It's difficult to write about Bickford's work. Well, and try to actually do it justice anyway. It's not at all like writing about any other kind of movies. But when you start to think of it as a dream, then the words begin to flow. I think that's the key to understanding the work. You have to get past those thorny thickets I mentioned above - that takes a few viewings. It takes until you become familiar with the entire film and realize that it won't hurt you. Until you've absorbed enough of what's happening all over the place to begin to make some kind of sense of it all. Only then can you get past those initial prejudices and start to appreciate the sheer beauty of all the color and texture - the wondrous movement and the strange but awe-inspiring flow of ideas. Bruce himself said in Monster Road that movies are about movement. Especially action flicks (which his films are). And he likes to climb. There are clips of him shinnying up a tall tree (and this guy is 58 years old fer cryin' out loud!).... clambering onto the roof of his house, and footage from when he was a young man leaping and running atop some kind of skeletal steel apparatus. There's also the bit where he puts some kind of kerosine-soaked ball on the end of a rope or chain and lights it on fire, then spins it around and around in crazy patterns, tracing glowing spirals through the darkness. Yeah, he's definitely into unusual motion! Once keyed into that, I studied the motion in his films, and it's fascinating to watch his characters walk! They never lift a foot from the clay bed of the ground - instead they have this sort of sliding, lurching step that covers a lot of distance without ever necessitating any great difficulty on his part as an animator. And I believe that's important to him - it allows him to keep working at a rapid pace.

Someone once described his films to me as being like staring into a lava lamp... things just constantly changing shape with no rhyme or reason. That's not exactly true. Well, it would be true if you could jack a lava lamp directly into your cerebral cortex and let it act out the inner fantasies and dreams as they well up from the depths of the subconscious! Technology hasn't yet allowed us to do that. But hey, who needs technology anyway?

We've got Bruce Bickford!


Ok, I went back and took another look.... actually some of the girls are pretty hot. Especially considering the scale Bruce tends to work at, and the difficulty of sculpting attractive women (rugged hero types are a lot easier). But fear not - there are plenty of ugly ones running around!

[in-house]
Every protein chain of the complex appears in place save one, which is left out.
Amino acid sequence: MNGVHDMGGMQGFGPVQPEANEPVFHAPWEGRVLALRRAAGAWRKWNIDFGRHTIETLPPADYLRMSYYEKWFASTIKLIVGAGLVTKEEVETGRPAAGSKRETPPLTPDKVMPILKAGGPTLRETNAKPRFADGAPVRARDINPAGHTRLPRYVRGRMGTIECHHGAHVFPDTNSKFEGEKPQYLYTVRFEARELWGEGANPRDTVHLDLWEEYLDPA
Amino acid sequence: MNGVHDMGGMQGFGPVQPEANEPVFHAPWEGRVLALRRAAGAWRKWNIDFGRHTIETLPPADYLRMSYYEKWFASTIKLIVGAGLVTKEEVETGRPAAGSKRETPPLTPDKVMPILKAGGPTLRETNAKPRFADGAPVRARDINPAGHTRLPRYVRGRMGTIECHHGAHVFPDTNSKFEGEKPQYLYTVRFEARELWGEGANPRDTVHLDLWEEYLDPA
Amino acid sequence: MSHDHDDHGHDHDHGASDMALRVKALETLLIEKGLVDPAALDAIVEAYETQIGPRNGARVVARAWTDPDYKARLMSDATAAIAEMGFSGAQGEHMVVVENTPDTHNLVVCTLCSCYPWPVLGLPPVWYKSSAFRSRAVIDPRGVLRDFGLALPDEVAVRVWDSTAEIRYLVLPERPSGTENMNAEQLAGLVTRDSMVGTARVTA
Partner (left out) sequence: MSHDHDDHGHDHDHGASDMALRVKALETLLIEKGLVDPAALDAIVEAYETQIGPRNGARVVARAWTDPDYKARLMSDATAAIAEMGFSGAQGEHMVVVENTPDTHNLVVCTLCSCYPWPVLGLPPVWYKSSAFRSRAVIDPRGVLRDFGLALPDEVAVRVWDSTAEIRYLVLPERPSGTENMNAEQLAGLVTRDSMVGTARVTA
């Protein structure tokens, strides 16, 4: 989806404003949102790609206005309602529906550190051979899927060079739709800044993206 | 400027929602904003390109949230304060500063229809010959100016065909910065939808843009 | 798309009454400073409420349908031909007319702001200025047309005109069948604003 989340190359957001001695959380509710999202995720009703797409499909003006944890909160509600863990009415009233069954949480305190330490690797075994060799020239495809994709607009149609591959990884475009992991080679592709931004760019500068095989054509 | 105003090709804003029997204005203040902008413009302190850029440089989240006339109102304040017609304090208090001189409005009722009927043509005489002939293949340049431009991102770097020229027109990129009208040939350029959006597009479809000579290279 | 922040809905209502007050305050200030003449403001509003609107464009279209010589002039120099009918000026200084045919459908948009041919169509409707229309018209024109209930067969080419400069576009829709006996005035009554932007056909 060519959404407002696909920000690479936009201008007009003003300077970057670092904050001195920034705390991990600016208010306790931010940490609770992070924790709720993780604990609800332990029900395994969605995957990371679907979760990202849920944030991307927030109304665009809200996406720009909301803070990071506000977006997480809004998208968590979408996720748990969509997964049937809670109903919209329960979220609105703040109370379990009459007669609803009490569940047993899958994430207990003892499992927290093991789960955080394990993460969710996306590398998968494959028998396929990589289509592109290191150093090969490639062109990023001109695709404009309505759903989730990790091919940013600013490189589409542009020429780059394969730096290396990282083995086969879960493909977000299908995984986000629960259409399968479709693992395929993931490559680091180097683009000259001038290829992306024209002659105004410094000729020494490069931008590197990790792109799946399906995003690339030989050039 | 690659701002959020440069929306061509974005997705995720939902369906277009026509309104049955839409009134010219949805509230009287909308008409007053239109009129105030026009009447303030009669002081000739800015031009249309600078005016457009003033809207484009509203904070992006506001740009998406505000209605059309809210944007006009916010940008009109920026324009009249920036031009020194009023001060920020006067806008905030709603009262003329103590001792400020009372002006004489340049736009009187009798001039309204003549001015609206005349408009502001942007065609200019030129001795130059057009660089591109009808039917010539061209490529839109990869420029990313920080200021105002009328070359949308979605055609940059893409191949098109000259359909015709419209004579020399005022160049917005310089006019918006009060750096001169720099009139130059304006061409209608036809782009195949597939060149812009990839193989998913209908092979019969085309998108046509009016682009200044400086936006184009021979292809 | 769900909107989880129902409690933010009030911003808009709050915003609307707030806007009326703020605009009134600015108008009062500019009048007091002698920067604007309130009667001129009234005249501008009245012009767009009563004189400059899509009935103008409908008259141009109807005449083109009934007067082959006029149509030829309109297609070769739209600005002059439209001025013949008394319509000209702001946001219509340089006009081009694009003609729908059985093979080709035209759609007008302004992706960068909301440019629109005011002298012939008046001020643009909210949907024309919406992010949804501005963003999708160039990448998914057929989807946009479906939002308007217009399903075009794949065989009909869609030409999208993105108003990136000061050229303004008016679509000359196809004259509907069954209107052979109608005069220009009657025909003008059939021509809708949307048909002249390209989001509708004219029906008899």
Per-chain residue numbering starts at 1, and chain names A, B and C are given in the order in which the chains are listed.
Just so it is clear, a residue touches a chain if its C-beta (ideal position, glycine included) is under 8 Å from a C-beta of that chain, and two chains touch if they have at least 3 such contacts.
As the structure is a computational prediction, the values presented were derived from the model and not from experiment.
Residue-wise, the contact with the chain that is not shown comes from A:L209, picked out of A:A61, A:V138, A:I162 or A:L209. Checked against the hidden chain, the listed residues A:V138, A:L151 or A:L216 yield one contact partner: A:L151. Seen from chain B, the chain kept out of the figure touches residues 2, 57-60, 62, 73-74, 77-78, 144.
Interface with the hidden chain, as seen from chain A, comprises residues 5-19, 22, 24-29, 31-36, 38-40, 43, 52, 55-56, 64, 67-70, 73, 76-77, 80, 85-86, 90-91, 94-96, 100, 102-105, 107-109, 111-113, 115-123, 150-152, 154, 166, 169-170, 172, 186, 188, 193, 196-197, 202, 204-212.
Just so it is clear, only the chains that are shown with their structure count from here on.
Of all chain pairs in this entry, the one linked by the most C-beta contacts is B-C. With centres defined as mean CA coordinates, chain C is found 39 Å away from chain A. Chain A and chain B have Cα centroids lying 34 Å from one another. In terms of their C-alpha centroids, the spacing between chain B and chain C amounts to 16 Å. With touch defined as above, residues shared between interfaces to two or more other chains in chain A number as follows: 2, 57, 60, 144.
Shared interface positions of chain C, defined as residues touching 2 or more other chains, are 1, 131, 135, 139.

Ryan McCulloch said...

I met Bruce about a year and a half ago and saw some clips of this. He is an odd duck indeed, but the work he has done boggles my mind. Now I'm looking forward to watching the whole thing, and Monster Road. Thanks dude!

Sven Bonnichsen said...

Just ordered my copy.

Apparently I'm order #101. You were order #3 I think? So, close to a 100 orders in -- what, a week? Two weeks? That's a decent spike of purchases, I'd say.

Darkstrider said...

Hey Ryan, nice to hear from you on my blog! YOUR work boggles MY mind!!!

Sven, I think Brett just realized the advantages of sending out a preview copy for a Darkmatters review... yeah, yeah.... THAT'S the ticket!!! And the sales spike.... all because of my writeups! Yeah.....


Andrea said...

hey! I really love your work!

Can you tell me which material do you use for the head of your puppets?



Darkstrider said...

Hi Andrea!

Generally I make heads from super sculpey and bake it up hard. The latest puppets (heads were made by Scott Radke) have epoxy putty heads, which are really heavy! Oh, and sometimes I sculpt them from super sculpey and then make a silicone mold and cast a duplicate in lightweight resin, which is easy to carve and sand and paint.

andrea said...

thanks! I'm working on a puppet and your tips are really usefull. I will you show my work when I will finish.



andrea said...

it's still me...sorry, the last question:

when you got your latex arms, how do you color them? which kind of color get that effect?



Darkstrider said...

Ah, I use PAX paint.... it's just acrylic paint mixed into a flexible adhesive - generally something called Prosaide - but I use a prosaide substitute from Monstermakers called No-Tac Acrylic Adhesive.

If you can't get ahold of anything like that, then you can just mix acrylic paint into latex.... try not to add too much paint, just keep adding it little by little till you achieve a good tint. Latex makes a pretty thick gloppy paint though compared to prosaide or an adhesive.

Edwound Wisent said...

(^ well THIS is help filled.
i may see if Mr.B' is ready to look over Gus's shoulder and read this whole section of your PromG. review, and respond to it.

(^ might take a little coaxing but I think it might help instigate another line animation frenzie, so ..why not.